Abstract The recent study of botanical macro-remains from the Late Sasanian and Early Islamic (5th to 8th century) fort of Fulayj (Batinah, Sultanate of Oman) provides a unique opportunity to discussExpand
Millets in eastern Sudan: an archaeobotanical study
ABSTRACT Charred botanical remains and plant impressions in pottery sherds and baked clay pieces recovered during survey and archaeological excavation mainly at Mahal Teglinos (Kassala, K-1), Sudan,Expand
Transition From Wild to Domesticated Pearl Millet (Pennisetum glaucum) Revealed in Ceramic Temper at Three Middle Holocene Sites in Northern Mali
TLDR
The evolution of domesticated pearl millet in western Africa is charted using three characteristics: the evolution of nonshattering stalked involucre; the appearance of multiple spikelet involucres, usually paired spikelets; and the increase in grain size. Expand
Variability and preservation biases in the archaeobotanical record of Eleusine coracana (finger millet): evidence from Iron Age Kenya
Eleusine coracana (finger millet) is a nutritious and easily storable grain that can be grown in unfavourable environments and is important to the food security of millions of farmers in Africa andExpand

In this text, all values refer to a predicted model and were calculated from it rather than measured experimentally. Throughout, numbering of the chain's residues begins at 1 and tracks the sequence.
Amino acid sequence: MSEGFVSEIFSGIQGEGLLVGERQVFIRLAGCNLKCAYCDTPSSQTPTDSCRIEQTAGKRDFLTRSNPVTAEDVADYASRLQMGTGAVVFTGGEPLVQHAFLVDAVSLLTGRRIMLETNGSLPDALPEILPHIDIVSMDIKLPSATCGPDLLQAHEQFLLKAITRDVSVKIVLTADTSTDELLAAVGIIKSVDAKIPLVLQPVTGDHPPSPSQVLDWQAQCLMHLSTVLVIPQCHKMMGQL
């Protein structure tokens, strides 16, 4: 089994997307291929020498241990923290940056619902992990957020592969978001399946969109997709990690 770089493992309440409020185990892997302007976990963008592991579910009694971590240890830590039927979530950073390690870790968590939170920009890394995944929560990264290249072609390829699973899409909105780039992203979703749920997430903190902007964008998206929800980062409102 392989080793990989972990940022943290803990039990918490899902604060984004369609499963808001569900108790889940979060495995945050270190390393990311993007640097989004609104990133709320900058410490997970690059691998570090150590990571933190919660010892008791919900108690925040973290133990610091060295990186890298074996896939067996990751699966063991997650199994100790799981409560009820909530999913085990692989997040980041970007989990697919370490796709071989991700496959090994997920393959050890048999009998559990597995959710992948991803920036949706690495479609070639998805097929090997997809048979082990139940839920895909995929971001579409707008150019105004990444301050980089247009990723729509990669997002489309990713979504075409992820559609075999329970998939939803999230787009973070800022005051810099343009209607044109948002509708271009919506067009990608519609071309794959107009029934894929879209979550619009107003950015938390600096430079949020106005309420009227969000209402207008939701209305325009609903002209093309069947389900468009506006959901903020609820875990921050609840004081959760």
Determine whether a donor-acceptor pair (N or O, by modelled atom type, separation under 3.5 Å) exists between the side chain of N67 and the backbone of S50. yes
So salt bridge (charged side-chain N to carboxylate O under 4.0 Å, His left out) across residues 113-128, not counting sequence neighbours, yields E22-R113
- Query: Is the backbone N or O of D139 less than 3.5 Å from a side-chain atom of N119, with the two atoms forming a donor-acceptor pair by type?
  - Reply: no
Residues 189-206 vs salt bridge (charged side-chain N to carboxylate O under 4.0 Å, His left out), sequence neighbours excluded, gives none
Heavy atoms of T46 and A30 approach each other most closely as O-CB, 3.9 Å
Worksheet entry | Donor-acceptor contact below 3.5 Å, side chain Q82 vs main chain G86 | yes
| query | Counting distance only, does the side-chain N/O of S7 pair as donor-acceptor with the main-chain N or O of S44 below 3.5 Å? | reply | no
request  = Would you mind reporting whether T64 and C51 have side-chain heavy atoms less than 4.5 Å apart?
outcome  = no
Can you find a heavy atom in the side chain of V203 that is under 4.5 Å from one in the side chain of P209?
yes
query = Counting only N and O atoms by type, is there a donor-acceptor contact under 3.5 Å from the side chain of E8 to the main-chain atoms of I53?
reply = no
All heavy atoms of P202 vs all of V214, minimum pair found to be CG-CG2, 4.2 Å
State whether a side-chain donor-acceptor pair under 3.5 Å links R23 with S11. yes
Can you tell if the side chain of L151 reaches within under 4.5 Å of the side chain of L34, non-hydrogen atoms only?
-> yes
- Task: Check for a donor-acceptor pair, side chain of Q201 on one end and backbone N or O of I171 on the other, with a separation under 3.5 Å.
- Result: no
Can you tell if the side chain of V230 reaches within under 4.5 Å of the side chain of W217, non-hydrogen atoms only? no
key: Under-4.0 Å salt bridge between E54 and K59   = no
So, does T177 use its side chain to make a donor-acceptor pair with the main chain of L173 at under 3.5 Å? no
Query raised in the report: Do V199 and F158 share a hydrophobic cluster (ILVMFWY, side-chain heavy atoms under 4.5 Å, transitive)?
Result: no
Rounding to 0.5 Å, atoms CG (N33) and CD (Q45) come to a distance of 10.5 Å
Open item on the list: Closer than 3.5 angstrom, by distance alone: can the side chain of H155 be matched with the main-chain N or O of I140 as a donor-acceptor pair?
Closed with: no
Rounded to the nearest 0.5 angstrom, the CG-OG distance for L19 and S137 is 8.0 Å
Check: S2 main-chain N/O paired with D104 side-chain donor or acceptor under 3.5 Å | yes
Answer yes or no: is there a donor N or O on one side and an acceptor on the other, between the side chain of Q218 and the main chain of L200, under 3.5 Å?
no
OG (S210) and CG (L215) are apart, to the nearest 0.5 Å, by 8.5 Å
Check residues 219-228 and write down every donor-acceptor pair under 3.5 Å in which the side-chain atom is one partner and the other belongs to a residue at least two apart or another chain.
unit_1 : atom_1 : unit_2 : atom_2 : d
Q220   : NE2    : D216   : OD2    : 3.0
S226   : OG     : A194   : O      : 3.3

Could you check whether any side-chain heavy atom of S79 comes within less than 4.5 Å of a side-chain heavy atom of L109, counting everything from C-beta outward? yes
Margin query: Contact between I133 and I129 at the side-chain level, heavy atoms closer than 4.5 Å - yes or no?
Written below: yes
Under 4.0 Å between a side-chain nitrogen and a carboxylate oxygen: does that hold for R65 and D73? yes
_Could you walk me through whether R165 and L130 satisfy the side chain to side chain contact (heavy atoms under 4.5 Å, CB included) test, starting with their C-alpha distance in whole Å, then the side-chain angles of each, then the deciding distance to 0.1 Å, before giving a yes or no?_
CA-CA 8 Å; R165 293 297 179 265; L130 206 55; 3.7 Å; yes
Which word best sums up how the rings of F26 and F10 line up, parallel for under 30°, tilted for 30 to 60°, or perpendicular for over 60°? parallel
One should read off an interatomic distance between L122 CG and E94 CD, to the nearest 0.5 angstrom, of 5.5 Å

New findings on the significance of Jebel Moya in the eastern Sahel
TLDR
New excavation data and new radiometric dates for Jebel Moya suggest revisions to previous chronological understandings of the site, and its continued potential to serve as a chronological and cultural reference point for future studies in south-central Sudan and the eastern Sahel is reinforced. Expand
Asian Crop Dispersal in Africa and Late Holocene Human Adaptation to Tropical Environments
Occupation of the humid tropics by Late Holocene food producers depended on the use of vegetative agricultural systems. A small number of vegetative crops from the Americas and Asia have come toExpand
...
1
2
3
4
5
...

References

SHOWING 1-10 OF 51 REFERENCES
Sorghum in the Economy of the Early Neolithic Nomadic Tribes at Nabta Playa, Southern Egypt
The 8000 years old early neolithic site E-75-6 at Nabta Playa, southern Egypt, yielded charred plant remains of over 120 taxa. Several species of edible plants were recovered, many of which are stillExpand
Contrasting Patterns in Crop Domestication and Domestication Rates: Recent Archaeobotanical Insights from the Old World
  • D. Fuller
  • Biology, Geography
  • Annals of botany
  • 2007
TLDR
Data suggest that in domesticated grasses, changes in grain size and shape evolved prior to non-shattering ears or panicles, suggesting a need to reconsider the role of sickle harvesting in domestication. Expand
Early domesticated sorghum from Central Sudan
TLDR